Knowledge, attitudes, and beliefs are important antecedents to HPV vaccination, yet remain suboptimal among young gay, bisexual, and other men who have sex with men (YGBMSM). We report the effects of a theoretically-informed, web-based HPV vaccination intervention on these cognitive outcomes. From 2019–2021, we recruited a national sample of YGBMSM ages 18–25 in the United States who were unvaccinated against HPV (n = 1,227). Participants received either standard HPV vaccination information online (control) or population-targeted, individually-tailored content online (Outsmart HPV intervention). Mixed effects models determined if pre-post changes in cognitive outcomes differed between study groups. For five of seven knowledge items about HPV, there were larger pre-post increases among the intervention group than the control group in the percentage of participants who provided correct responses (all statistically significant at p =.05 after Holm’s correction). There were also larger pre-post improvements among the intervention group than the control group for most attitudes and beliefs examined, including response efficacy of HPV vaccine (pre-post increases in means: 0.57 vs. 0.38); self-efficacy for the HPV vaccination process (pre-post increases in means: 0.23 vs. 0.10); and intention to get HPV vaccine (pre-post increases in means: 0.70 vs. 0.28) (all statistically significant at p =.05 after Holm’s correction). Outsmart HPV is a promising tool for improving key cognitive antecedents to HPV vaccination among YGBMSM, supporting the use of theoretically-informed interventions to affect such outcomes. If efficacious in increasing HPV vaccine uptake in future analyses, this intervention could be utilized in clinical and other healthcare settings that provide services to YGBMSM.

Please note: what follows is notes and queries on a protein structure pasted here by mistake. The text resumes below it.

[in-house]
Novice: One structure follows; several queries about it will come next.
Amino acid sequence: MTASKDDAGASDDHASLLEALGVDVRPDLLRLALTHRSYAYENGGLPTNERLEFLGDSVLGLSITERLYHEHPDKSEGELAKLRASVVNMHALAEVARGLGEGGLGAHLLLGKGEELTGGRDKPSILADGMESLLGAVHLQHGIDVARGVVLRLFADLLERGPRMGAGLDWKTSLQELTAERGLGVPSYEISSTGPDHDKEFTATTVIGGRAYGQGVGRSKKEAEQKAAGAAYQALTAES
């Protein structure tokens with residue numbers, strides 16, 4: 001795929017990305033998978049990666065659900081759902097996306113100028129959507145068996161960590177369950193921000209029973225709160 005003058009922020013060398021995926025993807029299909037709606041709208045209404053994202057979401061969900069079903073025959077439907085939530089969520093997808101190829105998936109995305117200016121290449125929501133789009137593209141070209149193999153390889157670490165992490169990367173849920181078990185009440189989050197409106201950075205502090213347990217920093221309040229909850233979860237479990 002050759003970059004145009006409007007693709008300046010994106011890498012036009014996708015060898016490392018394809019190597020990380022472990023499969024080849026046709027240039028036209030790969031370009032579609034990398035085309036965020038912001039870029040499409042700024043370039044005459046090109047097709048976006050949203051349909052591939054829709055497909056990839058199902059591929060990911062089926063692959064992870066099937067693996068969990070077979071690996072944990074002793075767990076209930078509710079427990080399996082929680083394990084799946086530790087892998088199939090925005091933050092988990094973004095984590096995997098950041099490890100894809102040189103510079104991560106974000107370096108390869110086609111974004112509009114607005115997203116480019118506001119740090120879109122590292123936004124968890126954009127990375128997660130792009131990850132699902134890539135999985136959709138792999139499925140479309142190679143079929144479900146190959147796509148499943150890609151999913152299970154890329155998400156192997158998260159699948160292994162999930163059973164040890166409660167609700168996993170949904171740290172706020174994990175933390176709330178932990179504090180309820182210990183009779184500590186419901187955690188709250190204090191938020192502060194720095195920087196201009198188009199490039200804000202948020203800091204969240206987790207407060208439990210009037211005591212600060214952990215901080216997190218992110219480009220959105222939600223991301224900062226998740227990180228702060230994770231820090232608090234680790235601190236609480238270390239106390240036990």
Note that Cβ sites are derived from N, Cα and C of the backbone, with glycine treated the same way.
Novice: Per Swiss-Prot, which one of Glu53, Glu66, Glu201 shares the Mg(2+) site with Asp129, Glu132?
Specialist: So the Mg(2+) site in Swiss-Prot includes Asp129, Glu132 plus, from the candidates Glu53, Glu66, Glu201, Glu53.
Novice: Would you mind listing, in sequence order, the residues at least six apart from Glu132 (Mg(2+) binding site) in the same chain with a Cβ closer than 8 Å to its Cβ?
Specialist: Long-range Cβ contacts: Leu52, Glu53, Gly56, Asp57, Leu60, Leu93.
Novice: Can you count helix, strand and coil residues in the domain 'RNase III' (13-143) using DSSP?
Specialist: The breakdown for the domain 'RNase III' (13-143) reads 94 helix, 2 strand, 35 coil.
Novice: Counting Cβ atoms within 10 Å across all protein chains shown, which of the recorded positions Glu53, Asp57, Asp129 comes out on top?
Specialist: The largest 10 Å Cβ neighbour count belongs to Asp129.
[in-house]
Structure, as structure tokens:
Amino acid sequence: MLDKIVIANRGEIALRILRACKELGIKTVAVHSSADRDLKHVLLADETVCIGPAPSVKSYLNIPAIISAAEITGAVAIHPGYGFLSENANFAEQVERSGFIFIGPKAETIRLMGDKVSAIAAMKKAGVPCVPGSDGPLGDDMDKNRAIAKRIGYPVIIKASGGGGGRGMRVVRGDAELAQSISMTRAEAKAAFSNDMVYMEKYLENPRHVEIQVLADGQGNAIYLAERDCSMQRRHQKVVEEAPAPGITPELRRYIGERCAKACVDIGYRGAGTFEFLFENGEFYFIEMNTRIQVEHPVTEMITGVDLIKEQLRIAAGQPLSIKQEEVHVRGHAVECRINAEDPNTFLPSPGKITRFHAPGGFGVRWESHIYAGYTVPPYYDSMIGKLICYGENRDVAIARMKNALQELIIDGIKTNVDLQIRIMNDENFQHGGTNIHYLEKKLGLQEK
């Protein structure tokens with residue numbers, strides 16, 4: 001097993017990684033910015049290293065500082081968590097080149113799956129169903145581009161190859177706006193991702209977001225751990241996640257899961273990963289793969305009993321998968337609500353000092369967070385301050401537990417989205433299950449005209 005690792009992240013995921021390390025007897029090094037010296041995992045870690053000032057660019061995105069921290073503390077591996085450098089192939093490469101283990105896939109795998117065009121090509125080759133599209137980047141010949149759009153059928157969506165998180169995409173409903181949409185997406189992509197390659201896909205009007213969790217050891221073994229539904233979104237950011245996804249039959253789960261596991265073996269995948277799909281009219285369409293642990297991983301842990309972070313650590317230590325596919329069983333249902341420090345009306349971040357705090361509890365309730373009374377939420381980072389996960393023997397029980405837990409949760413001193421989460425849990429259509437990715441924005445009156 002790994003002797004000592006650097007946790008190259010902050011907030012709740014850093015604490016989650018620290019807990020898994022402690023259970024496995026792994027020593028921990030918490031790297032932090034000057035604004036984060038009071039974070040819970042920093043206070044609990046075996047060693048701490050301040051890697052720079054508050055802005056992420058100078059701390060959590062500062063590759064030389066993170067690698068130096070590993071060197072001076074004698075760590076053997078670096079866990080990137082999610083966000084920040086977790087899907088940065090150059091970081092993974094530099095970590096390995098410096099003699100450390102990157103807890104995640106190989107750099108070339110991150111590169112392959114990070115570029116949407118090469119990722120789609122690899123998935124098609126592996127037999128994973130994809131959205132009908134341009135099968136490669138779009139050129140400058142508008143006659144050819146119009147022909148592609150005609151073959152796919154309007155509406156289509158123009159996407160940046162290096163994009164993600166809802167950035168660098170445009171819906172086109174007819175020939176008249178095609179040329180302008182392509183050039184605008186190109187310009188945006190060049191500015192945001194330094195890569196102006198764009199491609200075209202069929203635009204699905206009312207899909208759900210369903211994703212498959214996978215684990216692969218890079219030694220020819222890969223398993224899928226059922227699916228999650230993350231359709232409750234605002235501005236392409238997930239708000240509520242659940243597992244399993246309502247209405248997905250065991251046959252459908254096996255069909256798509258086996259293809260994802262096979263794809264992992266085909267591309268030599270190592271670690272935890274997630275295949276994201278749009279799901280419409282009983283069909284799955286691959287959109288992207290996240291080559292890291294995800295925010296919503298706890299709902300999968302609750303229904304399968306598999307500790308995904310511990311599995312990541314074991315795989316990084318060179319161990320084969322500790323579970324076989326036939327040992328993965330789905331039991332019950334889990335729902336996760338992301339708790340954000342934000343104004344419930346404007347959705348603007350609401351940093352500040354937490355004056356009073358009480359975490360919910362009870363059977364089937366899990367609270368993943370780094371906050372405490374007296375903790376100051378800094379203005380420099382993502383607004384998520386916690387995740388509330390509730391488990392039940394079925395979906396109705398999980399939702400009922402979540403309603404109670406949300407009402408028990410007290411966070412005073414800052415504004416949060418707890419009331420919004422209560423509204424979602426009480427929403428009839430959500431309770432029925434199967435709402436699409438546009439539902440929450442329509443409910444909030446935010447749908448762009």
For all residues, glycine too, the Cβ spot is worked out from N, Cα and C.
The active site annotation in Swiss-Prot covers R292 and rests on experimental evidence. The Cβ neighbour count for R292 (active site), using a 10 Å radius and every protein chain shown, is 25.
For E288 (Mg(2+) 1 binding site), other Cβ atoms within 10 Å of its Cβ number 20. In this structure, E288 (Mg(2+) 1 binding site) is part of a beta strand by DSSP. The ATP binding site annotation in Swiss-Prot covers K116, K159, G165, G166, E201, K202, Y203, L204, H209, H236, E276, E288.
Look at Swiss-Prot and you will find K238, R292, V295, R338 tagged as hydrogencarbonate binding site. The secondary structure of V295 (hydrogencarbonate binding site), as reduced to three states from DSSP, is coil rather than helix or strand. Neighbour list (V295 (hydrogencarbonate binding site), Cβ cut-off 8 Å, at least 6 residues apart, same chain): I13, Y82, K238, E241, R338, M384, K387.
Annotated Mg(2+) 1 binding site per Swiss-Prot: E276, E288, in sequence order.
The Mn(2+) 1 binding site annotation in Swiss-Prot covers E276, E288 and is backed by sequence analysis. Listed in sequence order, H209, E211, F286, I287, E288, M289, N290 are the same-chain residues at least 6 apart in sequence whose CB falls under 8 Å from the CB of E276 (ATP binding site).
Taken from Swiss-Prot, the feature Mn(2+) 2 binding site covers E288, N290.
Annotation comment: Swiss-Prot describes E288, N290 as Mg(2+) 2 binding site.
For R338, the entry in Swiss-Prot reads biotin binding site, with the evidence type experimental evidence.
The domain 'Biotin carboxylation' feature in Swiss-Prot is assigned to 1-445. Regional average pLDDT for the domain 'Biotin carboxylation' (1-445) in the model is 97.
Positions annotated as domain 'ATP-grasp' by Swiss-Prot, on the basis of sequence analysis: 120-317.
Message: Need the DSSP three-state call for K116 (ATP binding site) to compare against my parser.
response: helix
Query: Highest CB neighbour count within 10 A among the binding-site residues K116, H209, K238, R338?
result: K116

Bibliographical noteFunding Information:
The research reported in this publication was supported by the National Cancer Institute of the National Institutes of Health under Award Number [R37CA226682] [originally awarded as R01CA226682]. Additional support was provided from the Center for Health Communications Research at the University of Michigan [P30CA046592] and the Recruitment, Intervention, and Survey Shared Resource at The Ohio State University Comprehensive Cancer Center [P30CA016058]. This work was prepared while Dr. McRee was employed at the University of Minnesota. The opinions expressed in this article are the authors’ own and do not reflect the view of the National Institutes of Health, the Department of Human Services or the United States Government.
© 2022 The Author(s). Published with license by Taylor & Francis Group, LLC.
- HPV vaccination
- Human papillomavirus (HPV)
- MSM (men who have sex with men)
- gay or bisexual
- young adult
PubMed: MeSH publication types
- Journal Article